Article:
The Hemp Connection + [tips]

Fifteen Tips for PCOS Physicians

Monika, I want to add to your post about a"Bill of Rights" for pcos cysters, only I have termed it"Fifteen Tips for PCOS Physicians". Everyone, please feel free to add to it.

Fifteen Tips for PCOS Physicians
Stacy Korfist, LMFT

1. Please do not minimize, downplay, disregard or discourage our researching on the internet. PCOS is a chronic condition, one that requires our understanding of what is happening to our bodies. That cannot occur in a 20 minute doctor’s appointment and to take better care of ourselves we need to have a full understanding of a very complicated endocrine system.
2. If you do have concerns however, please ask which websites we are obtaining our information from, be familiar with them and either offer better alternatives or affirm the resources we have.
3. When assessing degree of hirsutism please be sure to ask about our maintenance practices. Sometimes it can look fairly mild but it is misleading because we spend an extraordinary amount of time plucking.
4. Be conscientious, but thorough when addressing weight. For those that are not obese, but hovering around the high end of the normal BMI range or over, it’s probably not ok with us. Please do not say that we are ok and not to worry. We are worried. Worried that we will stay that way, worried that we will continue to gain, worried about plenty.
5. If you do not know the answer to something, please just say so. We know doctors aren’t taught everything in medical school. It will earn our respect. In fact, if we teach you something don’t be shy to tell us so.
6. Please do not tell us to exercise more and eat less without also referring us to a dietitian. Have the name of several good dietitians that treat pcos and develop a professional relationship with them as well.
7. In fact, work with a multidisciplinary approach. Ask if we are interested in seeing a psychotherapist if needed. Know of various referral sources such as hair removal clinics, acupuncture centers, infertility support programs.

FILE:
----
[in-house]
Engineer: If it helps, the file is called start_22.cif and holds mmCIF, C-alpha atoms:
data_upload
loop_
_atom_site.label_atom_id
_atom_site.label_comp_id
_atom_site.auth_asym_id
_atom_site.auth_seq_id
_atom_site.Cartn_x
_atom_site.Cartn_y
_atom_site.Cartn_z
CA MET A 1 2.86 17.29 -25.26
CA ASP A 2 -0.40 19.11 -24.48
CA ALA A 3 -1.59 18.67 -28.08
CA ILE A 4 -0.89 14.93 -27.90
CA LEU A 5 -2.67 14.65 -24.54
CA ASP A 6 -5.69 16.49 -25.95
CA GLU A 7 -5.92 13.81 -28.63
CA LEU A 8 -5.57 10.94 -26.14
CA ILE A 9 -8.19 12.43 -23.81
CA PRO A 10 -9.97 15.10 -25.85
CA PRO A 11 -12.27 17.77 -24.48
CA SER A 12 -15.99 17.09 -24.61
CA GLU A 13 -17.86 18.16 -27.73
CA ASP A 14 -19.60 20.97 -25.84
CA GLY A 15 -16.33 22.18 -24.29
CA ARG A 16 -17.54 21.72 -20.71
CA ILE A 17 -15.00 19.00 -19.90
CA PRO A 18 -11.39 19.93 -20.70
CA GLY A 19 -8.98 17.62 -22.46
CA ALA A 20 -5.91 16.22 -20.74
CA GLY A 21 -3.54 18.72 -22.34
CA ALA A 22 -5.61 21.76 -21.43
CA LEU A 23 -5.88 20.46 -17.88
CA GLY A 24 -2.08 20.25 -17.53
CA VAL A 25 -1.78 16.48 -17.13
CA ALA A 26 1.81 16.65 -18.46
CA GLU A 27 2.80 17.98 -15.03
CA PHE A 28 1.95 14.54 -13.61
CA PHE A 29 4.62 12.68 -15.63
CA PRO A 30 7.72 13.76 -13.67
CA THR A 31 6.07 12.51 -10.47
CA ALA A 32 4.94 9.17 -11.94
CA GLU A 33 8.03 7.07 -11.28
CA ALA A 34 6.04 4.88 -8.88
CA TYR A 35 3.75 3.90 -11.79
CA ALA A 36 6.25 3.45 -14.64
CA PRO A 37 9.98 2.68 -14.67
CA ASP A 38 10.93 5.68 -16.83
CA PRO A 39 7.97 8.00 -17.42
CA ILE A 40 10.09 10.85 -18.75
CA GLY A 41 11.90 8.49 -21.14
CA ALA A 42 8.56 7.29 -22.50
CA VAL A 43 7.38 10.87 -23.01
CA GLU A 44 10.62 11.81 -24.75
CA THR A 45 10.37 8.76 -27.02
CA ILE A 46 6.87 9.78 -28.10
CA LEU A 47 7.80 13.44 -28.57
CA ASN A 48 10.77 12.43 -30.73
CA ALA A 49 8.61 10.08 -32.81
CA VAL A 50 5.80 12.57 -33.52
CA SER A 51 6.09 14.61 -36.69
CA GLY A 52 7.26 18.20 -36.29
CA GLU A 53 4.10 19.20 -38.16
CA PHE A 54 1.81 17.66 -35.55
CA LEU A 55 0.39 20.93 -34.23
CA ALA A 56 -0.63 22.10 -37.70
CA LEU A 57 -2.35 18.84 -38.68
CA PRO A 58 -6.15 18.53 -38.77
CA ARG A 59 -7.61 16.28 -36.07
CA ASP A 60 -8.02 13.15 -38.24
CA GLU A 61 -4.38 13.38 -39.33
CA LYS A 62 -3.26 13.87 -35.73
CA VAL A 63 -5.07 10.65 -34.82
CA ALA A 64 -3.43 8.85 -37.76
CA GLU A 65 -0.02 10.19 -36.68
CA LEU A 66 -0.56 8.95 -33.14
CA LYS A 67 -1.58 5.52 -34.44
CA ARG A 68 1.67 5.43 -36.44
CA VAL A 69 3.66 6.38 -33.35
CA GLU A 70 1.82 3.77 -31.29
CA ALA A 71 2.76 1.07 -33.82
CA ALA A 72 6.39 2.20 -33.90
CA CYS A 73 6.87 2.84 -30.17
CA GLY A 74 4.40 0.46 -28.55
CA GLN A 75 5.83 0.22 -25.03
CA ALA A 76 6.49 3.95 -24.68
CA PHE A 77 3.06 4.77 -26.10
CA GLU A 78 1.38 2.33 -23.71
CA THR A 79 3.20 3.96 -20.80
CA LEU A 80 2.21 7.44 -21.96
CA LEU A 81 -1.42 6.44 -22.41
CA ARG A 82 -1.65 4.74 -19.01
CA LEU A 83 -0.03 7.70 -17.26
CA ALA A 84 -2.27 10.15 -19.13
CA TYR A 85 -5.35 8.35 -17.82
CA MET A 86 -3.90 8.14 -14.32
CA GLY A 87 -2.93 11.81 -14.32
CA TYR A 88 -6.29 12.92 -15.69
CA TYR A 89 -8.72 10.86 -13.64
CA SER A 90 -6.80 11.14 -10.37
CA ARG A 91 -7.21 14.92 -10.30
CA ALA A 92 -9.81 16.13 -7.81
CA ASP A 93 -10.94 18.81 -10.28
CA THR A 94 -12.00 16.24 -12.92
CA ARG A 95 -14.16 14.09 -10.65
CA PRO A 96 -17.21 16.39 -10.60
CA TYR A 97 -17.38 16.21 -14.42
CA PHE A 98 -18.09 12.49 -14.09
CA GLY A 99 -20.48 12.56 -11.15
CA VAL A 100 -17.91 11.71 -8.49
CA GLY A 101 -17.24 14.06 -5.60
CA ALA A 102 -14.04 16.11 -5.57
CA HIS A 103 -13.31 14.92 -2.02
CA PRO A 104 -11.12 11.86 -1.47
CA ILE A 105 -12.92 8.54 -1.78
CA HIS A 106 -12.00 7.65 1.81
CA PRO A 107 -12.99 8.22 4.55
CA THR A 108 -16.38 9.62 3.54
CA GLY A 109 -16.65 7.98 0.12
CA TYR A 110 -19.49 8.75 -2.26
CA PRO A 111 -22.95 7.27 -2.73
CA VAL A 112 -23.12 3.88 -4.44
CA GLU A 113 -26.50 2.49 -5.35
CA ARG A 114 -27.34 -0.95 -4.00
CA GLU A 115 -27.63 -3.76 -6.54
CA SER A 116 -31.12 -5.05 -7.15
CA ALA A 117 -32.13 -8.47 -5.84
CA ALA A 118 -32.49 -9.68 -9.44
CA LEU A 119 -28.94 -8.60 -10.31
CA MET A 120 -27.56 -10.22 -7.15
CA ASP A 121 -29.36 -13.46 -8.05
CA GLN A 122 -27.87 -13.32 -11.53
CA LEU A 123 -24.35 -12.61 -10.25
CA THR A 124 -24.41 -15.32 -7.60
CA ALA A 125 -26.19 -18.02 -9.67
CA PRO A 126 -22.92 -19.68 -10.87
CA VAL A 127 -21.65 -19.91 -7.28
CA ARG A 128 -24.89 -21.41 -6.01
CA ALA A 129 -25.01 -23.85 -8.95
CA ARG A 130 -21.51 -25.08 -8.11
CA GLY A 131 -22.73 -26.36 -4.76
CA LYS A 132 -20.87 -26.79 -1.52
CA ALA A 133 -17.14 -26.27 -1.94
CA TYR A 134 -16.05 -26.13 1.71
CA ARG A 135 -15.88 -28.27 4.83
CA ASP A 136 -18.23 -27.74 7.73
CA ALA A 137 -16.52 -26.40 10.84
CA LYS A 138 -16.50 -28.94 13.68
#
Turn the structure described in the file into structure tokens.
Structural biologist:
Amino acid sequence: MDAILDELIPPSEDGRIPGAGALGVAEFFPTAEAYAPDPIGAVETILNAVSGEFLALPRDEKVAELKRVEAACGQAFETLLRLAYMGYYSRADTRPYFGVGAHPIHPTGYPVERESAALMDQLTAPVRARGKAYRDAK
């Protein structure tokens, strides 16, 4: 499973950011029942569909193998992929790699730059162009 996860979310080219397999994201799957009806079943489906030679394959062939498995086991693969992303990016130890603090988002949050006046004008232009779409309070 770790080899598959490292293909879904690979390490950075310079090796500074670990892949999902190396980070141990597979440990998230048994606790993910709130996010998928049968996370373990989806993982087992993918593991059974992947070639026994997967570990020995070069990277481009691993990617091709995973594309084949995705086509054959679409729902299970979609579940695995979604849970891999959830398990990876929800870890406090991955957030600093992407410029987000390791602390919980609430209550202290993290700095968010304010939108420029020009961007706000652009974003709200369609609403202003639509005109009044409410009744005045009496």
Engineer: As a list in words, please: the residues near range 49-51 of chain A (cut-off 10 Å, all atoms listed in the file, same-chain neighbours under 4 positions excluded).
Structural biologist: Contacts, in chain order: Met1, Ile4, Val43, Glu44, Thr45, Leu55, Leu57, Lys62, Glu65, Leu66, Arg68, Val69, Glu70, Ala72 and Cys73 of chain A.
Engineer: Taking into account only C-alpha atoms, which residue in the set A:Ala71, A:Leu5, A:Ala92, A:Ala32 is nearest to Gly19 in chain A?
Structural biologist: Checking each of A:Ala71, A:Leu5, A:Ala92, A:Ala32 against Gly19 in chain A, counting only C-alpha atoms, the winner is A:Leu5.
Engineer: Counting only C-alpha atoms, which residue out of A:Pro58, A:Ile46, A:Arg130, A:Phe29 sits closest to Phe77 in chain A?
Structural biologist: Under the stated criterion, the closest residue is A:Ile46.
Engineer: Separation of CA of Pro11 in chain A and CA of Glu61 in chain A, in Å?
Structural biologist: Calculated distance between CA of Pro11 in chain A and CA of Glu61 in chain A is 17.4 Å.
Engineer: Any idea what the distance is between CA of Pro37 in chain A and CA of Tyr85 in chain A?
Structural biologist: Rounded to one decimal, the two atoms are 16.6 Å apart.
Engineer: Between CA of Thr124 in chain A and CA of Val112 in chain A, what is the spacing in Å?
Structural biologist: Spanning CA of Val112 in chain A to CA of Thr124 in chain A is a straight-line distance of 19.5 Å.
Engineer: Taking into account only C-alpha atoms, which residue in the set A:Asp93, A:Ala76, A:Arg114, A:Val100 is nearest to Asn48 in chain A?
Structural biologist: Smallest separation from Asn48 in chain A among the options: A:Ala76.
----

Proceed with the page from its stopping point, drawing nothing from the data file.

8. Be aware of each and every medication, herb and supplement we are taking.
9. When we make our appointment, ask us to be prepared with questions and concerns upon our arrival so that we may make good use of your time.
10. Allow us to take part in the decisions being made about our health. Inform us of respected alternative therapies, even if it’s something you may not provide or even agree with.
11. Be certain we are aware of all health risks related to pcos, now and over the lifespan. There are many and this will take time. Be sure we understand strategies for prevention. If we are minors be sure our parents know how to best support our needs.
12. Stay current with treatment approaches and healthcare industry trends. Be an advocate and get involved. Step out and teach others.
13. Make a follow up appointment with us.
14. Explain the lab work. Don’t just say everything is in normal range, especially if it’s something that shows deterioration. Allow us to ask questions.
15. Most importantly, treat us as an individual and not just be a cookie-cutter practitioner. This can only be accomplished with good listening skills.

If you are a physician and have taken the time to read this then you are one of the good ones.

Stacy Korfist, LMFT Redondo Beach, CA
310 720-6443